The European Commission has recently issued Guidance on using the public procurement framework in the emergency situation related to the COVID-19 crisis.  The Guidance is intended to highlight to Member State authorities the flexibilities available to them under the EU public procurement framework and in particular the Public Procurement Directive 2014/24/EU.  The Guidance highlights

The Confidential Disclosure Agreement (“CDA”) is widely used in the Life Sciences Sector, and provides protection for a key asset – a party’s confidential information and trade secrets.  This post does not propose to go through the various possible provisions of a CDA or their negotiation, but instead sets out five practical considerations to take into account when preparing and implementing a CDA.

1. Absolute protection?

Each CDA will provide for certain legal remedies in the event that the other party breaches the agreement, however once an important piece of confidential information is made publicly available it can be difficult or impossible for a party to obtain adequate compensation.  It is stating the obvious to note that the best way to keep confidential information confidential is not to disclose it, however this is sometimes forgotten where a CDA is in place.  On a case by case basis, it is important to consider, prior to disclosure, whether a particular piece of information really needs to be disclosed for a given commercial deal.
Continue Reading The CDA – Five Practical Considerations

Overview

A one-way jurisdiction clause (also known as “hybrid”, “asymmetrical” or “unilateral non-exclusive” jurisdiction clauses), requires that one of the parties to a contract must always submit a dispute arising from the contract to a particular country’s courts, whilst allowing the other party the flexibility to commence proceedings in the courts of any country it may choose.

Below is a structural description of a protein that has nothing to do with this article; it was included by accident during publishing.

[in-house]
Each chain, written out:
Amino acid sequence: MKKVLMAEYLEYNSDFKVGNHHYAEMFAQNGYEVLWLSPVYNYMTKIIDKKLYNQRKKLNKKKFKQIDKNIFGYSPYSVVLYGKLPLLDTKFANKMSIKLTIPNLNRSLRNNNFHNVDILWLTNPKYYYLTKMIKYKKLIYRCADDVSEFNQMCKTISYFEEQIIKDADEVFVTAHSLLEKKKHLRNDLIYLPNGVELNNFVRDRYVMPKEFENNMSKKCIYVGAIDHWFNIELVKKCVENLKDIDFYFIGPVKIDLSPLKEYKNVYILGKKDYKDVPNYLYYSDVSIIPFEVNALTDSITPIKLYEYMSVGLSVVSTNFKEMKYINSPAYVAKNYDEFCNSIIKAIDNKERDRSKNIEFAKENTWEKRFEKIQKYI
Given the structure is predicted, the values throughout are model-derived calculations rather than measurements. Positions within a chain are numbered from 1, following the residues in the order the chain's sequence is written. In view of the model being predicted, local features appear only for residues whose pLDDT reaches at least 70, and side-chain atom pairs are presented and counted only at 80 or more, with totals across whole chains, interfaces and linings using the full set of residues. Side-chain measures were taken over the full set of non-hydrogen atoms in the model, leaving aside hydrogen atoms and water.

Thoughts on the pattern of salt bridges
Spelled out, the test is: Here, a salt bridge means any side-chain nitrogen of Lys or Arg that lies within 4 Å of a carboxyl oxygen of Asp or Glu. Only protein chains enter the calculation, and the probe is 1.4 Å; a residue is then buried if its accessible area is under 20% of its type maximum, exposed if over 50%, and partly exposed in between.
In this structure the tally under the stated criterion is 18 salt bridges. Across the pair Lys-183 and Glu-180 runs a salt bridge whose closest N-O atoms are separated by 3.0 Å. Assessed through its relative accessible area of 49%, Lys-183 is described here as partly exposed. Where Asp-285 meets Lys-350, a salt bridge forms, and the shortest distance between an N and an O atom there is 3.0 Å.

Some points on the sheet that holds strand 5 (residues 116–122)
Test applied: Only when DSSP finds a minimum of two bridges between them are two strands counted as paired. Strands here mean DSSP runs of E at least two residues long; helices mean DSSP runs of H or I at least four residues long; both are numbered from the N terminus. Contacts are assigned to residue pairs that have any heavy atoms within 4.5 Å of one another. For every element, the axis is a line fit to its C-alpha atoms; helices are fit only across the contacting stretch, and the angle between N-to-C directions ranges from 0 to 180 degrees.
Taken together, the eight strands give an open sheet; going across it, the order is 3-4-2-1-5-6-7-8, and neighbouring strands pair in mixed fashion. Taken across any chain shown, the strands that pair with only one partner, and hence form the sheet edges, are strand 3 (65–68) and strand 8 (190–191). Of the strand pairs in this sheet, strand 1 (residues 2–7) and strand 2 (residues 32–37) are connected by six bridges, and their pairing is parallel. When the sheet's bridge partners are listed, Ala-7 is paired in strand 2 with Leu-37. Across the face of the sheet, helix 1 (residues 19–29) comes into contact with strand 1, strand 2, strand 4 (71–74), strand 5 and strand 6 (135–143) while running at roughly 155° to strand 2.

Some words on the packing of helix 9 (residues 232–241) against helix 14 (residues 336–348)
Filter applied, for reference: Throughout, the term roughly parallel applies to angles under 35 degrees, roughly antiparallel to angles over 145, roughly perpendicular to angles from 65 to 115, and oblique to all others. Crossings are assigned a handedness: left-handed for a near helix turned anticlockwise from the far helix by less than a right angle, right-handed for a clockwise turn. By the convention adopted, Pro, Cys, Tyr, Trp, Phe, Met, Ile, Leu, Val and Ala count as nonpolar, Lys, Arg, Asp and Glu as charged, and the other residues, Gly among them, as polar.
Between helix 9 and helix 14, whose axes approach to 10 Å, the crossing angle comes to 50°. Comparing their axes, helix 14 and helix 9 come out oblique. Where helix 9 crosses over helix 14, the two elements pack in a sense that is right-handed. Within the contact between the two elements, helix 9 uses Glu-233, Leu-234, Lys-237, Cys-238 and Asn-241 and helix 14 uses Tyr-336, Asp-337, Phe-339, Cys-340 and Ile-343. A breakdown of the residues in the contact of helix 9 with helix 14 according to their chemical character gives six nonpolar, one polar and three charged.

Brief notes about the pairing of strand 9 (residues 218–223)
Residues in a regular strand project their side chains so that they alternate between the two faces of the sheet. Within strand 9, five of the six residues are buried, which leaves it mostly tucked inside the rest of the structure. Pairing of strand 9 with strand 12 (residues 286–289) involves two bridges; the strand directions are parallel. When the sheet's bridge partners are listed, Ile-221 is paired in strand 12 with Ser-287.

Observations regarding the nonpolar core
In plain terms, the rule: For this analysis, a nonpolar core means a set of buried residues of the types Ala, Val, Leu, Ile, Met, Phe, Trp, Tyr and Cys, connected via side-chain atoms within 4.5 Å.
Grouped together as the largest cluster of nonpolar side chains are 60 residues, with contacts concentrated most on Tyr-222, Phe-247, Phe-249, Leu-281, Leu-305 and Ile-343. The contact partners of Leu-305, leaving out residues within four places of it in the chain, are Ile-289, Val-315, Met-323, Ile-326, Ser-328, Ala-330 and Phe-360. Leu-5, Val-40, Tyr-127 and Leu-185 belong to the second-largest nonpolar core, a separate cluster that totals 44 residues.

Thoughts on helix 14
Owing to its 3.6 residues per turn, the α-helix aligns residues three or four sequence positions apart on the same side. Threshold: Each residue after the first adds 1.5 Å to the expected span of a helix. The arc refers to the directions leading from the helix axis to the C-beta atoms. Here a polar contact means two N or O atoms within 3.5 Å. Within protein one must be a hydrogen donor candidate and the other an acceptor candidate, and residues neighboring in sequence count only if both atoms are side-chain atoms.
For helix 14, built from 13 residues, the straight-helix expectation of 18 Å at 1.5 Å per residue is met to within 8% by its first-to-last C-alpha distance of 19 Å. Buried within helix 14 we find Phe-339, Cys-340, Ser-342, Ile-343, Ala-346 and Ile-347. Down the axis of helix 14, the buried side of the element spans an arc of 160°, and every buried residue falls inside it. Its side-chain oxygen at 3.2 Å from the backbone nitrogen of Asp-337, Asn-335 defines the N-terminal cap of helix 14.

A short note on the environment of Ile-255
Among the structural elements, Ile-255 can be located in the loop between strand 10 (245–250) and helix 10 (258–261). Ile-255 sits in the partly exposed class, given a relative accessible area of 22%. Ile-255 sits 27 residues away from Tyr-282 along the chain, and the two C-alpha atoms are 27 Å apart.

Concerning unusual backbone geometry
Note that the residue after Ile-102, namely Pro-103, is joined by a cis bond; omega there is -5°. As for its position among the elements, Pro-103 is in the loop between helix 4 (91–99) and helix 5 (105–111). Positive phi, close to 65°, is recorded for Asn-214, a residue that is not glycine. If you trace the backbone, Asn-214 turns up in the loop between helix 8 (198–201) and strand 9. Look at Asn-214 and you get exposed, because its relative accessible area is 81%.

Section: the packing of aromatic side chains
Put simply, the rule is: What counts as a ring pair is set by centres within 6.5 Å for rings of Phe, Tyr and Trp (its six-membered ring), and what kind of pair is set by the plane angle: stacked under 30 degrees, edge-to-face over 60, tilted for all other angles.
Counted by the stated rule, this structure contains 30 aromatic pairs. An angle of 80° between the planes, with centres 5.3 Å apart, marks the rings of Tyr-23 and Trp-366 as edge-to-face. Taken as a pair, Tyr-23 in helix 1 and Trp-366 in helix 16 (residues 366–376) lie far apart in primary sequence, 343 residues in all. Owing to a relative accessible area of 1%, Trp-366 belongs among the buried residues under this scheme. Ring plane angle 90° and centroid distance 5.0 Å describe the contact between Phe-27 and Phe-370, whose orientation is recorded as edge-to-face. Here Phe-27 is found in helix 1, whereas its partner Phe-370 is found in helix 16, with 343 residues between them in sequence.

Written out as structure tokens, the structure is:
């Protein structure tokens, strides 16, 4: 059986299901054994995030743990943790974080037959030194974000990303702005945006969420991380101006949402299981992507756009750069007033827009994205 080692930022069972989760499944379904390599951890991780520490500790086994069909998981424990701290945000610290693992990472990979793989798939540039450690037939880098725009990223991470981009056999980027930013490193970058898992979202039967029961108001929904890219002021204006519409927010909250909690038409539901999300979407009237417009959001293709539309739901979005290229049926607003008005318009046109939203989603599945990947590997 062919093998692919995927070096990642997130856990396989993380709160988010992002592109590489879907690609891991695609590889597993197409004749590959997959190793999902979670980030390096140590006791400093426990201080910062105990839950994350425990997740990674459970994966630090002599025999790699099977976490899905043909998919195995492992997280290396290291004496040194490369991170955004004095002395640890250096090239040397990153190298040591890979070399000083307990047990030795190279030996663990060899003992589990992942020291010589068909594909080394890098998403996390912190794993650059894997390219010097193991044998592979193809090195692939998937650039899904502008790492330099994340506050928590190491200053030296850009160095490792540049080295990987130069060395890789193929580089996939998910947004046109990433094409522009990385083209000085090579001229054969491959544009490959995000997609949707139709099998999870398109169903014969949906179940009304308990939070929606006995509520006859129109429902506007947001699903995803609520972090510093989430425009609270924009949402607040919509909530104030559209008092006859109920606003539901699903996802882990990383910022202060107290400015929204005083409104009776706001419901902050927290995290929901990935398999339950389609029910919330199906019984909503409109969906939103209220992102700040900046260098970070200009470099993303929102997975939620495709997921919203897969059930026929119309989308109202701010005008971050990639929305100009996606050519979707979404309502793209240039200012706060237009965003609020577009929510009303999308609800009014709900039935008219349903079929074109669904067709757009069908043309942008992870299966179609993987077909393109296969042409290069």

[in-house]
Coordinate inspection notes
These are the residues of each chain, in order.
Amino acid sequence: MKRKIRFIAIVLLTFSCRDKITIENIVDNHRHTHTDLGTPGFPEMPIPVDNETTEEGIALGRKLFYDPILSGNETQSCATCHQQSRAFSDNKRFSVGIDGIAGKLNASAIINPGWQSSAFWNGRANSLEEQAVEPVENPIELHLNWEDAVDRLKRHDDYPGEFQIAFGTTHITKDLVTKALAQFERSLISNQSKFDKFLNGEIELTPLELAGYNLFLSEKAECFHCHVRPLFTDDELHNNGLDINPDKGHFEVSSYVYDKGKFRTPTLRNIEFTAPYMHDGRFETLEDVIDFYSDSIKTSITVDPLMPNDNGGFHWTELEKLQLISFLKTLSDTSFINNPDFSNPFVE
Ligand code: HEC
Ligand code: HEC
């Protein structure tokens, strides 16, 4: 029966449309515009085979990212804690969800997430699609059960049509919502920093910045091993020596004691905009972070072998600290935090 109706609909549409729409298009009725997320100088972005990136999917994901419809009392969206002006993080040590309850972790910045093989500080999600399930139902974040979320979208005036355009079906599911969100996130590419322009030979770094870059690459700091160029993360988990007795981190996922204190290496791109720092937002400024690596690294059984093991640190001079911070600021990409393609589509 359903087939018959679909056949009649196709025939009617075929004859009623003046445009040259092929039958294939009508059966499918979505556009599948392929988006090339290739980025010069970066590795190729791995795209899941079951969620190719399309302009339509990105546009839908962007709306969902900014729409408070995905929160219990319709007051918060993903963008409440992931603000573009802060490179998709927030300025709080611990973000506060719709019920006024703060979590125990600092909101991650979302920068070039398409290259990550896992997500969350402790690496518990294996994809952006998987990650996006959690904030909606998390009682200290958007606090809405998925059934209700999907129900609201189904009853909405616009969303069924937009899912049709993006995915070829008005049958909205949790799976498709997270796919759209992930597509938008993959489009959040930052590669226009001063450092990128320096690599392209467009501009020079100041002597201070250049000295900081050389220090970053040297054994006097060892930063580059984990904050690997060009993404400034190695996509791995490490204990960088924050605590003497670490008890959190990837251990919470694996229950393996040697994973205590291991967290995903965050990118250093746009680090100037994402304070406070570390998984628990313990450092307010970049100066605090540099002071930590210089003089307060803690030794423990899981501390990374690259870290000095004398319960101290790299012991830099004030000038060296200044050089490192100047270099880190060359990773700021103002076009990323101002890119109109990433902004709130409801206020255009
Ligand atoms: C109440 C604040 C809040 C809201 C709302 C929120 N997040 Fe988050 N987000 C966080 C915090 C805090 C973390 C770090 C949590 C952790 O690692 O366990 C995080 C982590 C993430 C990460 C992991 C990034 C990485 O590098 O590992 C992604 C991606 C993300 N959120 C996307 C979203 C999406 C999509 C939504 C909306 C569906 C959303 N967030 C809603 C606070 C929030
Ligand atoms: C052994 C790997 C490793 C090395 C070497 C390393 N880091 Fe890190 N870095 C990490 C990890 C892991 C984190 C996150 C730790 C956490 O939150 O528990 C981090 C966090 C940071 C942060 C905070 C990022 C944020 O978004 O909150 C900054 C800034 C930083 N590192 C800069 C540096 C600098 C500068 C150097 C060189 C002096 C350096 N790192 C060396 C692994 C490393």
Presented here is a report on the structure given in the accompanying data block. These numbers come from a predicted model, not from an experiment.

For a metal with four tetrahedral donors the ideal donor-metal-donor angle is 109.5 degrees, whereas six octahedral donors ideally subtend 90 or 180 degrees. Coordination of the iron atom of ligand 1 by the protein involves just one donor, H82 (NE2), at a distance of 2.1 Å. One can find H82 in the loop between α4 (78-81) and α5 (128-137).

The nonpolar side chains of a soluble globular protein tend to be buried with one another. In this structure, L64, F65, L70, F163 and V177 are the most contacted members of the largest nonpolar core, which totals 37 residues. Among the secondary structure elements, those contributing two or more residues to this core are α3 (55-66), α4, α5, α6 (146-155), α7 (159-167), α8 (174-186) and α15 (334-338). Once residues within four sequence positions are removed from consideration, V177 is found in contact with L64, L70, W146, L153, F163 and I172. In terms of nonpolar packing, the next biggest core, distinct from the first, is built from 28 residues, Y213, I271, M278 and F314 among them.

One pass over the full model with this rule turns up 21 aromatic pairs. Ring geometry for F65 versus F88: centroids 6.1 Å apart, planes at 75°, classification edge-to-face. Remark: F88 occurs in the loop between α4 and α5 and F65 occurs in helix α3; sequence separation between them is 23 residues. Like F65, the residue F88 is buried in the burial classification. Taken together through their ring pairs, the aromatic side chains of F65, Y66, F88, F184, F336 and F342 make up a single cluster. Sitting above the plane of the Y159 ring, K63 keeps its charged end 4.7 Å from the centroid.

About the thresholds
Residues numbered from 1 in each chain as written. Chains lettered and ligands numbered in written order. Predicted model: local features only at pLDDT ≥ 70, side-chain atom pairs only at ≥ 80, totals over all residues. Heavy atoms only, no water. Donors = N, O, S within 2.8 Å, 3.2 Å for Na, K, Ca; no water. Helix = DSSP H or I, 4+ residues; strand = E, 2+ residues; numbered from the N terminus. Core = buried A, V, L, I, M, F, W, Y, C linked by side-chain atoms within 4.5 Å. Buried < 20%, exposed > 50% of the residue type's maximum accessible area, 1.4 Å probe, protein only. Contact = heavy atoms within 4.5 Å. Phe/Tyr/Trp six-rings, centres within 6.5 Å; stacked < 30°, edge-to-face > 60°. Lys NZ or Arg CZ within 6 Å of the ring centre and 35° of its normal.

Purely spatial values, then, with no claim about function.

One-way jurisdiction clauses are becoming more prevalent in Life Science transactions where, by way of example, licensors want the flexibility to deal with patent related disputes in the courts of the country where the patent is applied for or granted.

Recent court decisions in a number of jurisdictions have questioned the validity of one-way jurisdiction clauses.

To maximise the likelihood of a one-way jurisdiction clause being enforceable, consider taking the following steps:

  • choose as governing law the laws of a jurisdiction that recognises the validity of one-way jurisdiction clauses;
  • include in the one-way jurisdiction clause an explanation of why the unilateral right to bring proceedings in a second jurisdiction is required – many of the recent decisions on the validity of one-way jurisdiction clauses focus on the lack of fairness to one party; if there is an objective reason for making the jurisdiction clause it may give better arguments to defeat this “unfairness” defence;
  • if you know at the outset that disputes are likely to arise in certain jurisdictions, take local law advice on the enforceability of one-way jurisdiction clauses in these jurisdictions before executing the contract;
  • consider presenting a one-way jurisdiction clause as a non-exclusive jurisdiction clause.
    Continue Reading The Perils of One-Way Jurisdiction Clauses

Article originally published in PLC Life Sciences Handbook 2009/2010

With sales of counterfeit pharmaceuticals predicted to increase at nearly twice the rate of sales of legitimate products, it is not surprising that tackling pharmaceutical crime is high on the agendas of both global policymakers and pharmaceutical manufacturers. The US-based Center for Medicine in the Public